Aegilops triuncialis

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Aegilops triuncialis
Aegilops triuncialis Enfoque 2010-5-26 DehesaBoyaldePuertollano.jpg
Scientific classification
A. triuncialis
Binomial name
Aegilops triuncialis
Aegilops triuncialis drawing from Manual of the grasses of the United States, Hitchcock, A.S (1950)
Spikelets of the barbed goatgrass, containing seeds, that become attached to animals, humans, and vehicles, so aiding in the spread of the plant.[1]
Close-up of flowering spike of Barbed Goatgrass
Aegilops triuncialis occurring along roadsides at the base of the Carson Range, Nevada

Aegilops triuncialis, or barbed goatgrass, is a winter annual grass species of the Poaceae family.[1] It is native to many areas in Eastern and Mediterranean Europe and Western Asia.[2] It is considered an introduced, invasive species in North America, mainly in the Western coast of the United States.[3] In its native lands, the grass thrives in mainly rocky, serpentine soil, but also does well in grasslands and ruderal/disturbed ground as well as oak woodlands.[4][5]


Barbed goatgrass grows to be about 8 to 16 inches tall with few to many rigid, loosely erect aerial stems (culms).[3] In late spring the plant produces rigid flower spikes consisting of three to six spikelets bearing long, stiff awns which assist in seed distribution. When the grass matures, the spikelets fall off in their entirety to germinate on the ground,[2] and the long awns which give the plant its name assist in dispersal by animals, wind or water.[4]

As an invasive species[edit]

Barbed goatgrass was introduced to North America in the 20th century from Mediterranean Europe and Western Asia.[2] It has been found in California, Oregon, Nevada, and the New England area, but with the greatest impact in California.[4][6] Barbed goatgrass was introduced to the California area with the trade of Mexican cattle in the early 20th century.[6] The plant's unusual ability to invade nutrient-depleted, infertile soils means that it can severely damage habitats which often serve as important refugia for endemic grassland species which most other invading grasses are unable to exploit.[4]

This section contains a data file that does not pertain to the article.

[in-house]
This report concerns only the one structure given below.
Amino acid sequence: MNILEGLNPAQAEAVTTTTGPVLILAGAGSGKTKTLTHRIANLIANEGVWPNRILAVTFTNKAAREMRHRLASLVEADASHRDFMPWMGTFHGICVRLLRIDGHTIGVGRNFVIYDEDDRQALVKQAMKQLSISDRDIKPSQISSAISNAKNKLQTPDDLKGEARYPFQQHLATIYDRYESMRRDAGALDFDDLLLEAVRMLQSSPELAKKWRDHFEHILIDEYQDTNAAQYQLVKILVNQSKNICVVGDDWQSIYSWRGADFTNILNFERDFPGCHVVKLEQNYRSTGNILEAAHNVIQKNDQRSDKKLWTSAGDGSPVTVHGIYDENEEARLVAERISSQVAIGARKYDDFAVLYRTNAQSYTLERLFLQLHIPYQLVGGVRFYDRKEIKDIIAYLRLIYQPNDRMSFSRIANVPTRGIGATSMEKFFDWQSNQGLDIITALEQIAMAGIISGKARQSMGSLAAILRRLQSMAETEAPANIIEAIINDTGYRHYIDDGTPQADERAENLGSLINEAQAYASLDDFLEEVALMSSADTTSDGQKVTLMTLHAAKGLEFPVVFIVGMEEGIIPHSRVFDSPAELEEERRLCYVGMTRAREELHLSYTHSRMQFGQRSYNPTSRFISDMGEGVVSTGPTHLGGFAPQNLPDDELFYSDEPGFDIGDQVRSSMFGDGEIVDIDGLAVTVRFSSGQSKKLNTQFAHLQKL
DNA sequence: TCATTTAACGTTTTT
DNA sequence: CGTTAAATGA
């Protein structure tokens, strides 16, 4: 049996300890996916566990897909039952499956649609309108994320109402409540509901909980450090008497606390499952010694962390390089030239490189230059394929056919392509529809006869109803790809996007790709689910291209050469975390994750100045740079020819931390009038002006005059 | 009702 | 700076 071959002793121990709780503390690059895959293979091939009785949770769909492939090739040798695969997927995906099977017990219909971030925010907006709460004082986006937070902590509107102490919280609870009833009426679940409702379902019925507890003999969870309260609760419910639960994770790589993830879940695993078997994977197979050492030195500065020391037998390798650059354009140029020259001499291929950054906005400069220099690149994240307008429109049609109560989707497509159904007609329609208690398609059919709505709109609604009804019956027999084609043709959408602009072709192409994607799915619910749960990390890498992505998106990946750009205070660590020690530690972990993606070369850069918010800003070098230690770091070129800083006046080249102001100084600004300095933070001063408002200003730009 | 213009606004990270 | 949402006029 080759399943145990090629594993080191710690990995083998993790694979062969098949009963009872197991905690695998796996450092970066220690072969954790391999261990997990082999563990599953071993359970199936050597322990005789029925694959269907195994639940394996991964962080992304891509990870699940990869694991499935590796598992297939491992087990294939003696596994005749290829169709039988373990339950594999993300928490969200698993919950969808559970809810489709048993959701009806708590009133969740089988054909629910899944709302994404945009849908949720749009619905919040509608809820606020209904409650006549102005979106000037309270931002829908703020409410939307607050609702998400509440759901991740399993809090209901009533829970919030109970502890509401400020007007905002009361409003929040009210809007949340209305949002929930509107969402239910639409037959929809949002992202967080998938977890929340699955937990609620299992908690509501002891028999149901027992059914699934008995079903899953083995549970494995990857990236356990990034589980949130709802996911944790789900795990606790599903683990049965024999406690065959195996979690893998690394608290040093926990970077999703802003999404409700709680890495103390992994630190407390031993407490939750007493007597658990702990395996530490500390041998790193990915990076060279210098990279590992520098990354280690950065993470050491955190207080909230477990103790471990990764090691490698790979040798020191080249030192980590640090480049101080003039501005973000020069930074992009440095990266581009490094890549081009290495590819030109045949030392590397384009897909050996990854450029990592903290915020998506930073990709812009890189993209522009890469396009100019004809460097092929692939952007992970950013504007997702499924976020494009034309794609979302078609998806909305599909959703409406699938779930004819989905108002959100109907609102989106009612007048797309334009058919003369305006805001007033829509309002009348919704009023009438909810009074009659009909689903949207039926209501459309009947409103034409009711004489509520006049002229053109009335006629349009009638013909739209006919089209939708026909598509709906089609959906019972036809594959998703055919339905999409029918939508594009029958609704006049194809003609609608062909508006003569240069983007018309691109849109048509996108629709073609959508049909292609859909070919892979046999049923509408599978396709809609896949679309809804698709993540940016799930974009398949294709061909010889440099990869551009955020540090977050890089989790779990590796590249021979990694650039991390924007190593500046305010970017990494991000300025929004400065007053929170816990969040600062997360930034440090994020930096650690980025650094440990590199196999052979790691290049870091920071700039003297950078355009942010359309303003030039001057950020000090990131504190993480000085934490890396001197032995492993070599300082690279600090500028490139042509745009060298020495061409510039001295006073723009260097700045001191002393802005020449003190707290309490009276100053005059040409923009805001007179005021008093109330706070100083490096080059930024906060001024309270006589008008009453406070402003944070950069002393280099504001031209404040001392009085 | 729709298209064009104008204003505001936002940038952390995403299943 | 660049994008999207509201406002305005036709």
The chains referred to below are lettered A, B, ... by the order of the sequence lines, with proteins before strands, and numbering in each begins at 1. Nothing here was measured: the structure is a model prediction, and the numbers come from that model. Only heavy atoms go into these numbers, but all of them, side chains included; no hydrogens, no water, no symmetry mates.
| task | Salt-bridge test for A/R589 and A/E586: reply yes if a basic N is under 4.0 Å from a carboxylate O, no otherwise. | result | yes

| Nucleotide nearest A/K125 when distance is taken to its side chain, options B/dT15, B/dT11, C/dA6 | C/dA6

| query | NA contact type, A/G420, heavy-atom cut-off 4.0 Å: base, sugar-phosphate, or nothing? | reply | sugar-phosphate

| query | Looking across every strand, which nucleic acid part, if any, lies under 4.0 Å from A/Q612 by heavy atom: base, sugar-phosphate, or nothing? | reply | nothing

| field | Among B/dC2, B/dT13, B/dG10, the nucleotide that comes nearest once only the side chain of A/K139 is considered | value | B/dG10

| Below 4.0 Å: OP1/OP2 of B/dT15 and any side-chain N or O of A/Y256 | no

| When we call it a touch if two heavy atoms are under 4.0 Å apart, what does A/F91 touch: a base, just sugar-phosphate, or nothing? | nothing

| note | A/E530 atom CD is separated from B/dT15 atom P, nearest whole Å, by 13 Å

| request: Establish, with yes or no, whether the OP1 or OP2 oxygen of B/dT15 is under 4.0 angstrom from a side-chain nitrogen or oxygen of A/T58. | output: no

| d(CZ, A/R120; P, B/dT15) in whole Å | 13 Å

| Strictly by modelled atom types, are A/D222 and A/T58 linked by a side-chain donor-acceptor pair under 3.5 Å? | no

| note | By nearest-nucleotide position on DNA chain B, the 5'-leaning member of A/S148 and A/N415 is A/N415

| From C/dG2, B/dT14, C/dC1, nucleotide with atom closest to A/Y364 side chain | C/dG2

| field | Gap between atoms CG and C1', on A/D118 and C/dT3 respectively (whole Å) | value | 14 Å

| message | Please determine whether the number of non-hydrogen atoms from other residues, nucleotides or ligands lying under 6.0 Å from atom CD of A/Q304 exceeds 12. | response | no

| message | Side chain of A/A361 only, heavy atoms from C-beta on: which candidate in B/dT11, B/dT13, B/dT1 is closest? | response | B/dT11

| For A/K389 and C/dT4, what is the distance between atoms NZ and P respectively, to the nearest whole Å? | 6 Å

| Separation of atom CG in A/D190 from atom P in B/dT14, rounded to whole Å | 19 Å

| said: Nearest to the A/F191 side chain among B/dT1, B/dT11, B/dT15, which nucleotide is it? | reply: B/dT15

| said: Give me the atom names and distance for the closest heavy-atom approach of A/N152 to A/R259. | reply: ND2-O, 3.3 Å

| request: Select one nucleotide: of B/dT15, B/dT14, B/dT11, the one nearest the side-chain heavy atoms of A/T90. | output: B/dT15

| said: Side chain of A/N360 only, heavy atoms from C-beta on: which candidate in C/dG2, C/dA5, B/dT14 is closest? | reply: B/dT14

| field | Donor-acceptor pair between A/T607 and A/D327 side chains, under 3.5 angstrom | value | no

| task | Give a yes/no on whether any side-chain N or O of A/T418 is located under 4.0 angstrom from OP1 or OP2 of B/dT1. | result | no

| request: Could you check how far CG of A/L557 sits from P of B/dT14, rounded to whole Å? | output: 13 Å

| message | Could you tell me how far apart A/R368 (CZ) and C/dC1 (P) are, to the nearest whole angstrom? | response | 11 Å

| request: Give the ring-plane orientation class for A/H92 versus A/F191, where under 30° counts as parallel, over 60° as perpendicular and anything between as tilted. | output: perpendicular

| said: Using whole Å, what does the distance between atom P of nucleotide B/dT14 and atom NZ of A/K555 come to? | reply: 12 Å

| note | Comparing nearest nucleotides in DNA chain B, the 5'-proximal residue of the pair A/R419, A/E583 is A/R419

Barbed goatgrass is a fast-growing, rapidly spreading invasive species mainly in grasslands, pastures, and ranches. It is listed as a noxious weed by California Department of Food and Agriculture.[7] Because of its fast, invasive growing patterns, barbed goatgrass creates a monoculture, killing the other plants in its area.[2] The invasive nature of barbed goatgrass is causing a decrease in species diversity, and a decrease in forage.[2] Most grazing animals tend to avoid barbed goatgrass because they do not like the taste of it, allowing the grass to take over the other grasses and grains consumed by the animals.[6] The barbs on the flower spikelets containing the seeds become attached easily to animal fur, human clothing, and vehicles which allows the seeds to become more widely dispersed over the area.[2]

Control methods[edit]

The most important component in the control of barbed goatgrass is early detection. When found in small isolated areas, it can be taken care of more effectively.[2] Controlled burning is one method being used by the University of California in small areas to try and control the amount of barbed goatgrass.[2] To be most effective, multiple burns had to be put in place in the isolated area over two years to more fully rid the area of the grass. After the burns, many native species were able to live in the small area once again.[2][7]